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storms in our temperate climate, is accompanied by an increase in the various odours perceived in the air. The perfume of flowers is very much stronger for awhile; and, in country places, it is not unusual to perceive, at such times, the disagreeable odour of cess-pools all over the district-a fact which clearly points to the necessity of a more perfect system of drainage and disinfection in our country homes.


An Unexplained Condition of the Atmosphere-Effects of Glare— Snow-blindness-Hemeralopia and Amaurosis.

THERE is a certain, hitherto unexplained, condition of the atmosphere, which usually lasts for a few hours at a time, and rarely more than one day, or, perhaps, two days. During this condition the optic nerves of men and animals are painfully affected. I allude to what is commonly called "glare," not unfrequently perceived at the seaside, and often when the sun is not shining brilliantly, but is hidden by thin cloud, or haze.

The existence of this painful "glare," even when the sun is dimmed, is a subject which has not been fully studied. I feel convinced that we have in the solar spectrum, besides the rays of light and heat, and the actinic, or chemical rays, others which specially affect the nervous system in the higher animals, and which appear to act also on those lower forms of life, in some of which no traces of a nervous system have, as yet, been discovered. This peculiar condition of the atmosphere affects some people more than others. Many are obliged to wear coloured glasses

in order to avoid its effects, or to pull down the brim of their felt hats to a level with the lower eyelids, as they do at Naples.

Snow-blindness is supposed to be occasioned by the vivid reflection of the solar light from the white mantle of the brilliant white crystals which covers the ground, and more or less complete amaurosis is produced, especially in aged persons, by the bright solar radiation on the sea-coast, or by the light from brilliant white houses in inland cities.

One of the most remarkable cases of snow-blindness ever reported is that by the late General Miller, in the Edinburgh New Philosophical Journal (1835): A division marching from Cuzco to Puno, in Peru, halted at Santa Rosa. During the night, snow fell abundantly, nevertheless the march was continued next day, when, with few exceptions, the whole of the soldiers were attacked with sore eyes, "due to a disease called by the natives norumpi. It produces almost total blindness for some time, and great pain. There is also delirium of a peculiar kind, and it is often fatal. The division in question lost one hundred men in fifteen hours from this affection. The disease generally lasts two days."

Dr. August Berlin, of Stockholm, has proposed a new theory for snow-blindness. He went on an expedition to Greenland in 1883, during which he had ample opportunities for observing it.

The geographical distribution of the affection closely follows the isothermal lines in the three continents

bordering on the North Pole; it comes further south in America and Asia than it does in Europe. It is also met with in very elevated regions, even under the tropics. In the temperate zone it occurs occasionally, but in a milder form. Its cause, according to Dr. Berlin, resides in great dryness of the air, and intensity of the solar rays.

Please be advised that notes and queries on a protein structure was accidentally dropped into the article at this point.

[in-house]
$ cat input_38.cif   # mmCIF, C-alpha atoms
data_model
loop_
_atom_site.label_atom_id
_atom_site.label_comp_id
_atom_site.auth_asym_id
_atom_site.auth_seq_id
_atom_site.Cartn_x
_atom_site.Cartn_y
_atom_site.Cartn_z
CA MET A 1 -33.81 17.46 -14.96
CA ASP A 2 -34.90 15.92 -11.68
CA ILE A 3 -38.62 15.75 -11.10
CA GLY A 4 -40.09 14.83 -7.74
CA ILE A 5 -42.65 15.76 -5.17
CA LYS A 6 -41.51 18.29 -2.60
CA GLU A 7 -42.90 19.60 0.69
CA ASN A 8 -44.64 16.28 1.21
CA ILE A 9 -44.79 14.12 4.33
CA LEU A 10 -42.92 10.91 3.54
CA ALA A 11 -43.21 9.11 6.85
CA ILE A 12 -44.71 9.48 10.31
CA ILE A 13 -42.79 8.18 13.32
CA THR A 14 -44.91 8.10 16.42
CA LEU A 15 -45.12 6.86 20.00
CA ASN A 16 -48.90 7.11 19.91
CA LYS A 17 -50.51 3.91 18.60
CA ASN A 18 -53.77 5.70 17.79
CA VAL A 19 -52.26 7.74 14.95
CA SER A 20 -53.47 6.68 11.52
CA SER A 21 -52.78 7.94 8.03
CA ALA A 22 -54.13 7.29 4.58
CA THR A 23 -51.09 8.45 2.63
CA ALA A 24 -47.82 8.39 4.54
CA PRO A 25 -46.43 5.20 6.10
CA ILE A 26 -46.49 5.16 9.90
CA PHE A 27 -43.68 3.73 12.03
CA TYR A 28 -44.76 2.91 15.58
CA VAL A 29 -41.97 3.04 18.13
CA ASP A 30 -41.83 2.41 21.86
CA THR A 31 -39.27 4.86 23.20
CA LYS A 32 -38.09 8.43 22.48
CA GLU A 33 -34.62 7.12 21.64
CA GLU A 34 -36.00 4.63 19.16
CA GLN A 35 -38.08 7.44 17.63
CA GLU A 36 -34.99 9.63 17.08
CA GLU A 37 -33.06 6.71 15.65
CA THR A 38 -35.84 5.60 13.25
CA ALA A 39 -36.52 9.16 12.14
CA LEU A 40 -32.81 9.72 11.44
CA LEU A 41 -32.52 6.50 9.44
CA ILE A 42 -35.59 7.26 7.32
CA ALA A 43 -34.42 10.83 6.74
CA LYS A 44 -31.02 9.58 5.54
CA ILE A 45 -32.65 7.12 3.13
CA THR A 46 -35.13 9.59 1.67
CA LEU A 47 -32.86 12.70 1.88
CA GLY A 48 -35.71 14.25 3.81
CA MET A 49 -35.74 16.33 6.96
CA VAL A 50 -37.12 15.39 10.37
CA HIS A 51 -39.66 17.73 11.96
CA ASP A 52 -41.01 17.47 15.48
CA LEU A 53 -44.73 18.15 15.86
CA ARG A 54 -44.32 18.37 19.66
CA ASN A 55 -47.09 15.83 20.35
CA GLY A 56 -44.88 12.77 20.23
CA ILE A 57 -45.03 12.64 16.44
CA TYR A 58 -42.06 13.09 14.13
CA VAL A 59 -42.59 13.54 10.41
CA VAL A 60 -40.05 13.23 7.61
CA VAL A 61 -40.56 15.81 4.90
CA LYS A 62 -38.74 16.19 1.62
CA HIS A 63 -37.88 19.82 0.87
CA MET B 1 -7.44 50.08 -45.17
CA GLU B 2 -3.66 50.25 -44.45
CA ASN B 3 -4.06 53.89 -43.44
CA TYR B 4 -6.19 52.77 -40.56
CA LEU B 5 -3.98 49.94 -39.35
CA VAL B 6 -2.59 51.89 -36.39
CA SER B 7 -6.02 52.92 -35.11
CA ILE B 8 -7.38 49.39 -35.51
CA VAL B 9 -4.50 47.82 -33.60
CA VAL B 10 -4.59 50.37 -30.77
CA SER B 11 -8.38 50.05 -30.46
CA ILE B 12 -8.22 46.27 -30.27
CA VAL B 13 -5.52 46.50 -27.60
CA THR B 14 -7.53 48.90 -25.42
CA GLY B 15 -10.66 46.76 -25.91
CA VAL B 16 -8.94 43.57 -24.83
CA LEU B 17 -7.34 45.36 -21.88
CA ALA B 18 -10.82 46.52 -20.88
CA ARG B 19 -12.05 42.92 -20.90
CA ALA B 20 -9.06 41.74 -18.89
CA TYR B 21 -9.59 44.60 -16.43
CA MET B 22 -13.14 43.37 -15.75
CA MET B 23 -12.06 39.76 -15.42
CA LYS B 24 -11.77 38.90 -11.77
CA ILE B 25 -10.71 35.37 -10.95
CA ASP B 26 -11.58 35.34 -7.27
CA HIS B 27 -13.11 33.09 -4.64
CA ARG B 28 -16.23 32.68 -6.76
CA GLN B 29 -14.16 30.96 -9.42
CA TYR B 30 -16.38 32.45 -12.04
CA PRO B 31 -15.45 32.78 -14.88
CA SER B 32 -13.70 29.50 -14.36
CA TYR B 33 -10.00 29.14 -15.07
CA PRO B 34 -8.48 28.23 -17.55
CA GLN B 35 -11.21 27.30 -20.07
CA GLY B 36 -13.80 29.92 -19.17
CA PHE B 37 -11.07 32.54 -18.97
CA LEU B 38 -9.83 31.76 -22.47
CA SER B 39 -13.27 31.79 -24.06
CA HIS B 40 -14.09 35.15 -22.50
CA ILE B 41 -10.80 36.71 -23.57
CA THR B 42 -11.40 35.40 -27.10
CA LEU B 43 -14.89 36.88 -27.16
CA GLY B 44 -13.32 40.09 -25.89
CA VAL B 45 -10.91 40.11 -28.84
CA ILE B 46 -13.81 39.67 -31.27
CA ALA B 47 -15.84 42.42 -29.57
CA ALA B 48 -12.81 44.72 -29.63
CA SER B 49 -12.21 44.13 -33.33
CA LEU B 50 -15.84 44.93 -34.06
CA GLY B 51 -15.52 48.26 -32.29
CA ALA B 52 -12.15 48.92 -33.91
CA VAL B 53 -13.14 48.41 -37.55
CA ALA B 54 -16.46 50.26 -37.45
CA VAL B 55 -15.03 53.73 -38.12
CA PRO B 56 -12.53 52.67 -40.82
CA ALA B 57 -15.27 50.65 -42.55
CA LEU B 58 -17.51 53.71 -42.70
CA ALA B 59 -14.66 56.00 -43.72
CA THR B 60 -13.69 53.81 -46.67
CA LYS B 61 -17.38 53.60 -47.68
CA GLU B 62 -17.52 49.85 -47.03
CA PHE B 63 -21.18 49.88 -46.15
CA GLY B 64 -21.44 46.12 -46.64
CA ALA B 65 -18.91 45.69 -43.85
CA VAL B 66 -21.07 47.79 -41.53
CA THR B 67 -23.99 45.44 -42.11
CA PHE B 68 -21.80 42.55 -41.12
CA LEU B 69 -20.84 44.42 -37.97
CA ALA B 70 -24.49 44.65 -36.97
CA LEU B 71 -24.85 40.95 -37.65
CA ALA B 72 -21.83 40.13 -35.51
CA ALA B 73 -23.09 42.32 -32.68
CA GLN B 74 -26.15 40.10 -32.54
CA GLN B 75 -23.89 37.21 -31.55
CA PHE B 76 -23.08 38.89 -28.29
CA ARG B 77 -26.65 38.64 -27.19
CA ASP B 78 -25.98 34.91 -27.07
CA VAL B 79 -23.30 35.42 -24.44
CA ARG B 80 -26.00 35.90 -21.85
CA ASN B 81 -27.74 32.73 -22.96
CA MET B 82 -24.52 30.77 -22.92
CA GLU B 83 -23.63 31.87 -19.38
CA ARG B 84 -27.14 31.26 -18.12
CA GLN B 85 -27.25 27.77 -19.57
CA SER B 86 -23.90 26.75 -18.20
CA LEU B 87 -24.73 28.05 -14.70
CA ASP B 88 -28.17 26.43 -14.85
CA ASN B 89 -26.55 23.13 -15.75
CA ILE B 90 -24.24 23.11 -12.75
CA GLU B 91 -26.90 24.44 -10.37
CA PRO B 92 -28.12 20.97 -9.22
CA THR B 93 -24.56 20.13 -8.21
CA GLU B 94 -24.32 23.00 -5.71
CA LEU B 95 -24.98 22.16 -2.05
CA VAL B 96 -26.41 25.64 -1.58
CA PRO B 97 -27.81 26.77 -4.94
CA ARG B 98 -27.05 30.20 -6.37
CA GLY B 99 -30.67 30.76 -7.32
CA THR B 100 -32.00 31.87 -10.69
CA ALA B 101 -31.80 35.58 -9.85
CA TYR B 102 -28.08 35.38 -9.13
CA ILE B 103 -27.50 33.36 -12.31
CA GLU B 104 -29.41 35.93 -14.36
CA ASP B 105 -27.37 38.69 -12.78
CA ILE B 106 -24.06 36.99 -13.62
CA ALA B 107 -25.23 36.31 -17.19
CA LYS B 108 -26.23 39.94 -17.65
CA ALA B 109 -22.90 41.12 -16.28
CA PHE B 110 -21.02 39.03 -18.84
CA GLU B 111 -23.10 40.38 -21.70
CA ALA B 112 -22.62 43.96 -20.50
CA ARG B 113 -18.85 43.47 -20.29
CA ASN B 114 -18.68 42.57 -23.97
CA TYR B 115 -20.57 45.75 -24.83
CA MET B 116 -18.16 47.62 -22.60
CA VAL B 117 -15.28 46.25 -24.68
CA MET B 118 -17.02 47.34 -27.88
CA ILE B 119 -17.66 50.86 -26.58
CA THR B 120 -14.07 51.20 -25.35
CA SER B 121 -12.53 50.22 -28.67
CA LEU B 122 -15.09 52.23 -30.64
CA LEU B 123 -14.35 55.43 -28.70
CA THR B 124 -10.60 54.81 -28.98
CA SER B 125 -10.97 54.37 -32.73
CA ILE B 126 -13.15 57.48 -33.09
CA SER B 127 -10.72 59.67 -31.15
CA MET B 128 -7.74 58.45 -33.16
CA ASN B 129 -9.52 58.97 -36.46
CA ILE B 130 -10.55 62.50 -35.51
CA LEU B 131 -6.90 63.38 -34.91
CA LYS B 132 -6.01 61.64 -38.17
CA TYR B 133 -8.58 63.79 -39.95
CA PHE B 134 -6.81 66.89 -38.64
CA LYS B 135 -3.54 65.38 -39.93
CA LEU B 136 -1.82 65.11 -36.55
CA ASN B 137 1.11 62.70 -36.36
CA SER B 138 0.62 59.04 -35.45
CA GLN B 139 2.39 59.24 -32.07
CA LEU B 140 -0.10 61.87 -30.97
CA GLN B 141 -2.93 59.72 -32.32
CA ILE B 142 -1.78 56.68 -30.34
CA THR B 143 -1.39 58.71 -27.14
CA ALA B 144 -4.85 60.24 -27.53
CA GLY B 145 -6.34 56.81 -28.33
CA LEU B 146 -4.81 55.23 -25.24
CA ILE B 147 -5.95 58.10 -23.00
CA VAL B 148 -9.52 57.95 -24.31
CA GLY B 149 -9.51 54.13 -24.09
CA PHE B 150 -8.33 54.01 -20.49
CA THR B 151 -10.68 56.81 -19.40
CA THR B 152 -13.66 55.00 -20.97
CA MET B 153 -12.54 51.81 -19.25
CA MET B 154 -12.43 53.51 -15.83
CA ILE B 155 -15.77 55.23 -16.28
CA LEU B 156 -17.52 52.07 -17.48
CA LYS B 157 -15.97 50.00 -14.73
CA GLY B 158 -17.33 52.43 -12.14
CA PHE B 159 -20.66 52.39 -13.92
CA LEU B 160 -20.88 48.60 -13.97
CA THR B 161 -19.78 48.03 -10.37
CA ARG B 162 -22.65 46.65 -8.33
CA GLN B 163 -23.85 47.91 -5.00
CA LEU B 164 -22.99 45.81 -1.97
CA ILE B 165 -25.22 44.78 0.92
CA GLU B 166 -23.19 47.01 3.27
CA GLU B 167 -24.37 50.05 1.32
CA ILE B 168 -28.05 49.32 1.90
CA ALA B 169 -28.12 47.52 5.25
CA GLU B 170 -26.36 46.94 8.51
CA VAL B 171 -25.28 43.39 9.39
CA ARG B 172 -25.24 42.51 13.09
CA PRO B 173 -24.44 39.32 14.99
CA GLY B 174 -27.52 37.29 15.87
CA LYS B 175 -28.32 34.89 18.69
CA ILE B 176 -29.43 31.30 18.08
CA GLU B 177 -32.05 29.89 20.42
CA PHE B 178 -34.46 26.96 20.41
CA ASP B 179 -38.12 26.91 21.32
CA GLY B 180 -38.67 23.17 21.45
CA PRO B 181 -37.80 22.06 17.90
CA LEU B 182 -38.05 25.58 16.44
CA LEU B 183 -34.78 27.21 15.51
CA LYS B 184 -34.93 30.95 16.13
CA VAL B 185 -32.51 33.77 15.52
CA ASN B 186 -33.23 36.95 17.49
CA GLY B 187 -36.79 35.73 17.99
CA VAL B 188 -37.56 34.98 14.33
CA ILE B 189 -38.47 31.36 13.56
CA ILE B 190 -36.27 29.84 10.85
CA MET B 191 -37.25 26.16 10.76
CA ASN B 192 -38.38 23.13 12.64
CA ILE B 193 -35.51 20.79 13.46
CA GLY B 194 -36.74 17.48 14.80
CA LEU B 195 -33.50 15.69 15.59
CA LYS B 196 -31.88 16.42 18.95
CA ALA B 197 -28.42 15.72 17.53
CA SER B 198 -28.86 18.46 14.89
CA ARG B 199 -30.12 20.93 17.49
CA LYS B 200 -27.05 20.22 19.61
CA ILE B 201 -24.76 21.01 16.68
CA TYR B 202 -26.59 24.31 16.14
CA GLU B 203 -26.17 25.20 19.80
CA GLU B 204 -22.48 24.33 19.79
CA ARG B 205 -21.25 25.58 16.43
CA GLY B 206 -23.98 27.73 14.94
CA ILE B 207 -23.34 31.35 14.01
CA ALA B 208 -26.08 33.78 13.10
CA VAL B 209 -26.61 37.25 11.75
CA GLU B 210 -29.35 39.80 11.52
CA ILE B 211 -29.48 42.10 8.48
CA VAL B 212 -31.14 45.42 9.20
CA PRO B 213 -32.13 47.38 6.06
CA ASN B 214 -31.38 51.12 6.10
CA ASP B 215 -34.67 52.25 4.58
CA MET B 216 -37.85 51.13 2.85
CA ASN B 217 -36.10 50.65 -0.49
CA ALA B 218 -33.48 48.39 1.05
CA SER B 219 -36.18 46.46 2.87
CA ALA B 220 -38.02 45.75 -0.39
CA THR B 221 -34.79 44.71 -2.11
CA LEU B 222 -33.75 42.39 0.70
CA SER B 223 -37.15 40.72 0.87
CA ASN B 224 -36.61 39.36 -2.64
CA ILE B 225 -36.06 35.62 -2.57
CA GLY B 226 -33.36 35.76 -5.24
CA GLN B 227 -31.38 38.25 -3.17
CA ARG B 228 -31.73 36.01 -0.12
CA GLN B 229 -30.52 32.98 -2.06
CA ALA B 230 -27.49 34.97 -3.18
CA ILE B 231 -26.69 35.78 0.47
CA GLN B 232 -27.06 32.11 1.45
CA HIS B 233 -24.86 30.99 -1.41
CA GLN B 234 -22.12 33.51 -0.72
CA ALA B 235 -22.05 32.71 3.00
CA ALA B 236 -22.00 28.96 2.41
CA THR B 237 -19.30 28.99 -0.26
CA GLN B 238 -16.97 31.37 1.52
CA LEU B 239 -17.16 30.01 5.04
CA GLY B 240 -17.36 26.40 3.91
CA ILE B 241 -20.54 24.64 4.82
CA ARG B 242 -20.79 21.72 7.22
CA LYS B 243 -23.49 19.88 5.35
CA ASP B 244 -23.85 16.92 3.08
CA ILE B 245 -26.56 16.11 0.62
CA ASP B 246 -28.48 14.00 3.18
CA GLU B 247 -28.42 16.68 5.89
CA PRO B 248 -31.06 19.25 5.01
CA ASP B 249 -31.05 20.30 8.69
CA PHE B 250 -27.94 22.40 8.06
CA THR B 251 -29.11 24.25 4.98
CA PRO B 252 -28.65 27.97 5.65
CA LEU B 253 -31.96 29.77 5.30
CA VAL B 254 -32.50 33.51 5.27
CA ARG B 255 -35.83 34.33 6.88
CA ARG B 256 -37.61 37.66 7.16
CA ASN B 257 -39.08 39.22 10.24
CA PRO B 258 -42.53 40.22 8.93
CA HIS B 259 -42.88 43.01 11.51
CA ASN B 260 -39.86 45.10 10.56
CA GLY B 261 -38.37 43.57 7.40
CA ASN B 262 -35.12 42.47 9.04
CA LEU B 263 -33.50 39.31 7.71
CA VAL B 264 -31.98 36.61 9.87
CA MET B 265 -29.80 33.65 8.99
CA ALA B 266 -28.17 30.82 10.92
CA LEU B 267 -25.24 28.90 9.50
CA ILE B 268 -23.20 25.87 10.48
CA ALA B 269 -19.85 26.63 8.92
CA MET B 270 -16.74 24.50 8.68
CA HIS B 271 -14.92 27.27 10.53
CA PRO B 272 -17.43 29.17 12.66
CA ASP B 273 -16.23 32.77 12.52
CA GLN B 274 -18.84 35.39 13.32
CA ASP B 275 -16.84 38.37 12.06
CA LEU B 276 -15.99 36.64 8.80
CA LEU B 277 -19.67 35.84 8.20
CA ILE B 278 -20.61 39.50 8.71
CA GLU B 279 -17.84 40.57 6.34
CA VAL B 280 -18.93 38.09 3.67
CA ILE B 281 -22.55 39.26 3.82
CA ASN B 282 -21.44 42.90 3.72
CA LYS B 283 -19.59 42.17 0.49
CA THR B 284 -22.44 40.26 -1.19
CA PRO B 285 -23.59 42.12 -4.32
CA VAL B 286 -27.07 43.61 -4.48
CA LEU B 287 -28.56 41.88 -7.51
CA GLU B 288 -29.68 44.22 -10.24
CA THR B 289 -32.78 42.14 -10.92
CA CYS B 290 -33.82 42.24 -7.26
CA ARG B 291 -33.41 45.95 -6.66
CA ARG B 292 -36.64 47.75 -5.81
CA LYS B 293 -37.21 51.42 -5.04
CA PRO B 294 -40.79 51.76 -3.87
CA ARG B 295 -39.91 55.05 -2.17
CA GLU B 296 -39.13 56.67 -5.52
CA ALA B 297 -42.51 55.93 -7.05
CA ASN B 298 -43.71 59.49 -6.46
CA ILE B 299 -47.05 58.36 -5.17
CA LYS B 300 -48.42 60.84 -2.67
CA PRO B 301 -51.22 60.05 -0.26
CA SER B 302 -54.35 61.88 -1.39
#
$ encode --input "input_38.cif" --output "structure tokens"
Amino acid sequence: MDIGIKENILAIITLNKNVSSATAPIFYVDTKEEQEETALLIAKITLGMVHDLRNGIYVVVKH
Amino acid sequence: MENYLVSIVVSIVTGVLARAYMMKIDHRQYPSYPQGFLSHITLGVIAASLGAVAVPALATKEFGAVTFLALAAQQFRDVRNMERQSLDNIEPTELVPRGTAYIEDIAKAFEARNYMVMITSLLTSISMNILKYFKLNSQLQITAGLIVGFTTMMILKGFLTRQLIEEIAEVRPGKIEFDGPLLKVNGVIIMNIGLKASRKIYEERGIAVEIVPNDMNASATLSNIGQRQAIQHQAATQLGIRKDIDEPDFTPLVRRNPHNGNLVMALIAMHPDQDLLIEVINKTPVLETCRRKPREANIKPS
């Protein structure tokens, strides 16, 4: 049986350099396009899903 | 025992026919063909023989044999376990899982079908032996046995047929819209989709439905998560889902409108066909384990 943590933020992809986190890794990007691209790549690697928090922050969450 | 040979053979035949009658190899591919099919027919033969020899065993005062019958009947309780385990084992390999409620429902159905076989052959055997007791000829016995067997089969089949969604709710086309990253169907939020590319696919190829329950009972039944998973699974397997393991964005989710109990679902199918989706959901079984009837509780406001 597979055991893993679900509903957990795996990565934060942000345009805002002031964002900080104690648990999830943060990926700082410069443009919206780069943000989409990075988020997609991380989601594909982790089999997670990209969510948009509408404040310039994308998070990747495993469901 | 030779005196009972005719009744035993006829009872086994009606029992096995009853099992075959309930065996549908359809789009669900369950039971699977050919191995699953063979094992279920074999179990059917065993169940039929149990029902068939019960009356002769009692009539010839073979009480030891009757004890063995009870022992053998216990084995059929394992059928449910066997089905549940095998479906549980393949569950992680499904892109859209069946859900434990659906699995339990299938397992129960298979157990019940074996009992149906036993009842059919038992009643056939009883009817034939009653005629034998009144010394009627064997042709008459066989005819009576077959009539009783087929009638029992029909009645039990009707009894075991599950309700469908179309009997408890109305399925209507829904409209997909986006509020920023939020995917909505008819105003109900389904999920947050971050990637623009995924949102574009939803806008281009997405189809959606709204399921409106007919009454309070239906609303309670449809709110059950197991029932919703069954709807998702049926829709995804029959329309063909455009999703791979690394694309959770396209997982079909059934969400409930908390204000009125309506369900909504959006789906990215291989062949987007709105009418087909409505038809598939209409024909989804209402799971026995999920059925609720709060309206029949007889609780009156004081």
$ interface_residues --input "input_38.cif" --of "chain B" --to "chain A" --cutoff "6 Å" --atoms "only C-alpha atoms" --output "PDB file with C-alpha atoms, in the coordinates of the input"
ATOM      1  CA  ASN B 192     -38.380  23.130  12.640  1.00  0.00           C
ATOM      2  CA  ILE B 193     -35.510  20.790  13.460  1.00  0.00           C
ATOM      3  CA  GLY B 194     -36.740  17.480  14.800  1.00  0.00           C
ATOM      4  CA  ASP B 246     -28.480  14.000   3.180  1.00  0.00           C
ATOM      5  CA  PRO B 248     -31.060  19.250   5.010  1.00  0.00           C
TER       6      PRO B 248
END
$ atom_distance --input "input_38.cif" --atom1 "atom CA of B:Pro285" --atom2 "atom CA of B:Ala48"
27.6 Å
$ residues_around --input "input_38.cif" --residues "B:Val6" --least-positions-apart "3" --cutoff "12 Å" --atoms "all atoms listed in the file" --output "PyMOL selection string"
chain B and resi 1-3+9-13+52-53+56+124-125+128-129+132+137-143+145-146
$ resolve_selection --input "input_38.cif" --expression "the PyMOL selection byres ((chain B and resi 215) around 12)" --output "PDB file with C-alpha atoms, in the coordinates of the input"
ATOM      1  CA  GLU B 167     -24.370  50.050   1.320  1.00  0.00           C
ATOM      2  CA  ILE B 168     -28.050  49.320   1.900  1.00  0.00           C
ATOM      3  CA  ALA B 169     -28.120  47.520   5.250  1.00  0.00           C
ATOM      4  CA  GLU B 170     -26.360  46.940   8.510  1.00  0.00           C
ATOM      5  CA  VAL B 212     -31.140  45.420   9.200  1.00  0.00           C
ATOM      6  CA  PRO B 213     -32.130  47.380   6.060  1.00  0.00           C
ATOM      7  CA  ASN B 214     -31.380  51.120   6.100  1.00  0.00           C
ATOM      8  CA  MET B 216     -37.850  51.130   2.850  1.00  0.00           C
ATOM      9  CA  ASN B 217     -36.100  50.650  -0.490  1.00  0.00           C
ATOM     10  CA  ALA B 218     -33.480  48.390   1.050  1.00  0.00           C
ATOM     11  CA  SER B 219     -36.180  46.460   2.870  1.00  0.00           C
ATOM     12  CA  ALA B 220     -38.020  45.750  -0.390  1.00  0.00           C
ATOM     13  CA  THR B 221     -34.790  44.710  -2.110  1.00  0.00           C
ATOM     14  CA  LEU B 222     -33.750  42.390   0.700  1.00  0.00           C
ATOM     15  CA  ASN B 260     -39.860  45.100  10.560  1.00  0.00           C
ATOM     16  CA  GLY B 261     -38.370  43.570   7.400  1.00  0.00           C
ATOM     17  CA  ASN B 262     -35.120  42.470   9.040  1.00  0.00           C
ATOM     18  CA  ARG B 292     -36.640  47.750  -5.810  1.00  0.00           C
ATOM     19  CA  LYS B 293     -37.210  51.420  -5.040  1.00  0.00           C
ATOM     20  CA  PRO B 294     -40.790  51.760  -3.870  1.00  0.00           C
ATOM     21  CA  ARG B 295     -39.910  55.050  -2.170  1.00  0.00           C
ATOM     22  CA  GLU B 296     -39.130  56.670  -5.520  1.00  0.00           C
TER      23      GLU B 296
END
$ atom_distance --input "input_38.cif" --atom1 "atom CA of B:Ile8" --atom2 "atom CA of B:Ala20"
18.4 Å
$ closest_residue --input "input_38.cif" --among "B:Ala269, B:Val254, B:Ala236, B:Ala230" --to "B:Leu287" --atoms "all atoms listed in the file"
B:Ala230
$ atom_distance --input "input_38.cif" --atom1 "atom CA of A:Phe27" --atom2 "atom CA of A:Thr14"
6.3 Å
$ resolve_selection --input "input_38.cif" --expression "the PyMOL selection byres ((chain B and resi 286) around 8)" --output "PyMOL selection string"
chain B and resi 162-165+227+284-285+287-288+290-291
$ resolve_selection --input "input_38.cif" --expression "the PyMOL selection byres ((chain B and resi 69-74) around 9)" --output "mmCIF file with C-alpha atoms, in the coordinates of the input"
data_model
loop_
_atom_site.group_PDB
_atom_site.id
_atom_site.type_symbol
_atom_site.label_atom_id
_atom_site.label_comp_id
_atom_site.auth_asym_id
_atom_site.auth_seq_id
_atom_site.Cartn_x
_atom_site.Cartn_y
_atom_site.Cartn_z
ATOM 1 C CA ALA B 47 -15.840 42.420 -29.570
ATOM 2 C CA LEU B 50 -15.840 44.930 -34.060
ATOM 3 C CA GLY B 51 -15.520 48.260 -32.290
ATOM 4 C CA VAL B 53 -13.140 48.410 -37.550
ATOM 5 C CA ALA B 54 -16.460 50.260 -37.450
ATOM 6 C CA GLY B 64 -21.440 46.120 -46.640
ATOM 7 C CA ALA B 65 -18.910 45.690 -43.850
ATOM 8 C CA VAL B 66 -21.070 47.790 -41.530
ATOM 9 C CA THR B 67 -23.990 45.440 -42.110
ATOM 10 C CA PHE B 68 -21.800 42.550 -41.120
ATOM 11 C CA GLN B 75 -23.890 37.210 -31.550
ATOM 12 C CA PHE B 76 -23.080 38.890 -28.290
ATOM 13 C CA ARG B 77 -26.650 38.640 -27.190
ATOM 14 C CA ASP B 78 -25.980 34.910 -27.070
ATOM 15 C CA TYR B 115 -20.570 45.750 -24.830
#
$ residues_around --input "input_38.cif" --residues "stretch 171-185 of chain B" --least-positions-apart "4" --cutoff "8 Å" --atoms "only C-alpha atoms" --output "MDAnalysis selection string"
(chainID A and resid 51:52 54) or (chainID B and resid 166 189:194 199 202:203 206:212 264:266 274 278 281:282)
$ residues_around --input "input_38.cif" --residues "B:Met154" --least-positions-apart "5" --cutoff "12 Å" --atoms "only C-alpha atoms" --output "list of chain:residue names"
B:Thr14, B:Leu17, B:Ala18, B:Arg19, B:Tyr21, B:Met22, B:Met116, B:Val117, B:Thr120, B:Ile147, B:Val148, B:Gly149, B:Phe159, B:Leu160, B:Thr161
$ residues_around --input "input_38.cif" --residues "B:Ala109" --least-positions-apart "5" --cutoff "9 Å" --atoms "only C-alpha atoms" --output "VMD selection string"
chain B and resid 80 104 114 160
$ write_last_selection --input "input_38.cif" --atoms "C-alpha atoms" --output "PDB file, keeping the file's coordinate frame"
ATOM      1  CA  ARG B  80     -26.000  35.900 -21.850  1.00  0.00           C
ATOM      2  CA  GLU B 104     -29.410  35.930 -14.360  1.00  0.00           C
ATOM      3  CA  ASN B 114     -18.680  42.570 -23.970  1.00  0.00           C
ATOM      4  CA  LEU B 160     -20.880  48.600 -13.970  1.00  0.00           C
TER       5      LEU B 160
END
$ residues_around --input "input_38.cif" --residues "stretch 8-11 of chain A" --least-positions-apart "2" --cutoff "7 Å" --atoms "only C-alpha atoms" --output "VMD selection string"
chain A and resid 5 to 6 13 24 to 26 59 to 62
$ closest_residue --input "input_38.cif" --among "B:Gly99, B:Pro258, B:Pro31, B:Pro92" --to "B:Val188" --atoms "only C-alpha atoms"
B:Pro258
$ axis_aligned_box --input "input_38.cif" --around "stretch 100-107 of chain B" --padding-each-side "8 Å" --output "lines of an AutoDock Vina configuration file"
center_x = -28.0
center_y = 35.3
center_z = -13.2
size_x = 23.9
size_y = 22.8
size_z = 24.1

To prevent snow-blindness the Esquimaux use a disk of thin wood with a minute transverse slit in the centre. They call these wooden spectacles their "snoweyes." Instead of this, goggles made of moderately fine wire network, without glass, have been recommended.

Medical men class these atmospheric effects upon the optic nerve under the term of hemeralopia (or "nightblindness," because they are chiefly observed at night). It is not uncommon that a considerable number of soldiers become thus completely blind during the night, and recover their sight again at daybreak. The complaint comes on periodically every evening, and may last for a fortnight, or even for a whole month, when it disappears without leaving any traces.

The army surgeon, Dr. Hetter, saw sixty of his men struck down in this way at Wissembourg, just before the Franco-Prussian war; and the troops in garrison at Strassburg suffered in a similar manner. Generally speaking it is cured, in mild cases, by keeping the men in the dark for two or three hours; or, sometimes, for twelve hours. In 1891, Dr. Schirmer endeavoured to explain this extraordinary atmospheric effect upon the

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eyes, by reporting it to an action upon the pigmentcells of the retina. But it still remains a mystery. That same year Dr. Venneman described an "epidemic of hemeralopia which he observed in the neighbourhood of Louvain (Belgium). Forty-two cases of this peculiar affection came under his observation, and embraced all classes of people, children being more generally affected than adults. Fever, with headache, preceded the affection of the eyes, and lasted for two or three days. With the appearance of these symptoms the ophthalmoscope revealed a slight retinal oedema about the disc, especially along the course of the vessels, with diffuse streaks and markings of black pigment. When normal vision returned these appearances gradually vanished.

It is, therefore, an atmospheric effect upon the retina, or optic nerve; but no one has yet been able to determine in what consists the special condition of our atmosphere which produces these curious and painful effects. So little does the last-named physician suspect the real cause, that he looks upon the cases at Louvain as an epidemic, similar to influenza, confusing it with the amaurosis so often noticed, of late years, after attacks of that disease.

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